The GEFT measures field independence, which is the ability to perform a focal task independently of any background information or distracters.24,25  The aim is to find a previously seen simple figure within a larger complex figure, which has been structured in a way to obscure or embed the simple figure. The participants were required to identify and outline accurately a simple shape embedded in a complex figure. The test consists of three sections. The participants were initially given 2 min to complete the seven problems in the first section. After this, second and third sections consisting of nine problems each were completed in 10 min.
Alice Heim Group Ability Test.
The AH4 is designed as a group test of general intelligence, which primarily assesses deductive reasoning including verbal, mathematical, and spatial reasoning.26  We used AH4 to assess spatial reasoning skills, which is the ability to visualize, mentally rotate, and manipulate two- or three-dimensional shapes or patterns. The test consists of 65 questions, and participants were given 10 min to complete as many questions as possible.
Emotional Assessments
Emotional processes that tap into state anxiety or tense arousal (TA), as well as positive mood states (e.g., energetic arousal [EA]), were assessed using the UWIST Mood Adjective Checklist (UMACL) and fear of failure.
UWIST Mood Adjective Checklist.
The UMACL is used to measure mood and comprises three bipolar scales: EA (vigorous vs. tired: coefficient α = 0.79), TA (nervous vs. relaxed: coefficient α = 0.76), and hedonic tone (pleasant vs. unpleasant mood: coefficient α = 0.81).27,28  In addition to these scales, a monopolar anger/frustration (coefficient α = 0.80) scale was also used. The participants were instructed to complete the UMACL checklist according to their present mood using 28 adjectives each on a 4-point scale (“definitely”, “slightly,” “slightly not,” or “definitely not”).
Fear of Failure.
Fear of failure assesses the general preference to be motivated not to succeed but to avoid failing.29  This assessment consists of four statements pertaining to fear of failure, each scored on a 4-point scale (“always,” “often,” “rarely,” and “never”). Scores were then obtained by summating the item scores. The reported coefficient α was 0.70.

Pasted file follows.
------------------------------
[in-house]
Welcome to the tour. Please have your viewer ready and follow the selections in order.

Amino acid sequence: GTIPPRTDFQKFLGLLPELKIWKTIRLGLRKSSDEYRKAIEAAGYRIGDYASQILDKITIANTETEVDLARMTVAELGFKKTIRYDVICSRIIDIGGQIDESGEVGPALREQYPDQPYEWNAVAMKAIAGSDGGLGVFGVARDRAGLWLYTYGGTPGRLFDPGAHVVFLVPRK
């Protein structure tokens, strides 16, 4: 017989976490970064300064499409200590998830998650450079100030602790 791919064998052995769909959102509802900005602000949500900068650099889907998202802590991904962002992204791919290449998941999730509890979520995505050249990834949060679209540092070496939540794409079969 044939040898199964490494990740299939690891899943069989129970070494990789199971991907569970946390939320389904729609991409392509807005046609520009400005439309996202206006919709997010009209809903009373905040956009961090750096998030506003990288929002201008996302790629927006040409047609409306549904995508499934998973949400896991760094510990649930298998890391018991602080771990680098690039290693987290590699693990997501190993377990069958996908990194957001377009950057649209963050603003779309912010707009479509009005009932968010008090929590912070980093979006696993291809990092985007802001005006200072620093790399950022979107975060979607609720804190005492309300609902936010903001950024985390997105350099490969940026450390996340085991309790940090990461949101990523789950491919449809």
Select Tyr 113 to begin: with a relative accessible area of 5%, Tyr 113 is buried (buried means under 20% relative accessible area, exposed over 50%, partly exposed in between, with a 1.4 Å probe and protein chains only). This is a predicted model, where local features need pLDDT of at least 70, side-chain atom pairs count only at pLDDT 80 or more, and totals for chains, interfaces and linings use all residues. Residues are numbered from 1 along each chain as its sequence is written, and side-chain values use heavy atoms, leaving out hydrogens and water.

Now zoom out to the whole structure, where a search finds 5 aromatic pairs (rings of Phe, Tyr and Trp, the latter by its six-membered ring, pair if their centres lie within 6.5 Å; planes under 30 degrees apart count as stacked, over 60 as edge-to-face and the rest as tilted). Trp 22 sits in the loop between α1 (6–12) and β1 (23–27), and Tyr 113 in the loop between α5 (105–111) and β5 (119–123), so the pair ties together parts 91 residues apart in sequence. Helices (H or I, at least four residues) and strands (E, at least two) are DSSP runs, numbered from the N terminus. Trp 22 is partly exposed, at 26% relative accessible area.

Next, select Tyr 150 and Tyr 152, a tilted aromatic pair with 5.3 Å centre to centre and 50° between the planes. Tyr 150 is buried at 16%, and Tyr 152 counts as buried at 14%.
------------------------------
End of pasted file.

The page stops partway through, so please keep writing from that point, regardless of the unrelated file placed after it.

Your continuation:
Numerical Reasoning Assessments
Numerical Reasoning Test.*
This test measures mathematical and logical reasoning via 20 short reasoning problems based on numbers that do not require any previous training in mathematics. It is a test of fluid intelligence, which depicts skills of problem-solving, abstract reasoning, and the ability to learn new things, irrespective of previous knowledge or education. There are 20 items, which include series completion (numbers and matrices), basic arithmetic problems (computational speed), and other deductive reasoning tasks. The participants were given 15 min to solve as many problems as possible.
Phase 3
In this phase, the participants were given 30 min to watch and review an 11-min video30  mapped to specific learning objectives, which modeled expert performance of ultrasound-guided needle advancement in a turkey breast model.
The learning objectives were as follows:
  1. Switch on the ultrasound machine (S-Series, Sonosite Limited, United Kingdom).

  2. Correctly orientate the ultrasound probe (linear, 38 mm) in relation to the display on the screen.

  3. Ensure adequate application of conducting gel to enhance ultrasound transmission and picture quality.

  4. Locate and identify the target (olive) within the turkey breast.

  5. Adjust the gain function to improve the quality of the image by altering brightness of the picture.

  6. Alter the depth of the image to obtain a suitable image of the target.

  7. By using an in-plane approach, insert a 50-mm Stimuplex® A needle (B. Braun, Germany) into the turkey breast and aim to place the needle tip at the 12 o′clock position, as indicated by the attending assessors, above the upper edge of the target, without piercing the target.

Phase 4
The fourth phase included an ultrasound-guided needling task and its assessment. Participants were asked to complete the ultrasound-guided needling task, as demonstrated in the video, on a turkey breast model31,32  using a standard ultrasound transducer probe (38-mm high-frequency linear array transducer; HFL38X 13-6 MHz, Sonosite Limited). To improve realism, the turkey breast model was inserted into the draped groin recess of a Laerdal® IV Torso manikin (Laerdal Medical Limited, United Kingdom), which was used solely for this study. The participants received no help or feedback before or during the task. Study participation ceased once the ultrasound-guided needling task was completed.
Participants were independently assessed by two anesthesiologists experienced in USGRA as they performed the task. The assessors used two previously validated assessments of USGRA technical performance: composite error score (CES)32–34  (appendix 1) and global rating scale (GRS)35–37  (appendix 2). The assessors had undergone specific training and practice in the use of these assessment tools. The CES was calculated by adding the total number of errors, number of needle passes, and image quality score for each participant. A lower CES is associated with better accuracy and task performance. The GRS consisted of seven items each rated on a five-point scale. The GRS predominantly assessed more general behaviors and the overall performance of the participant.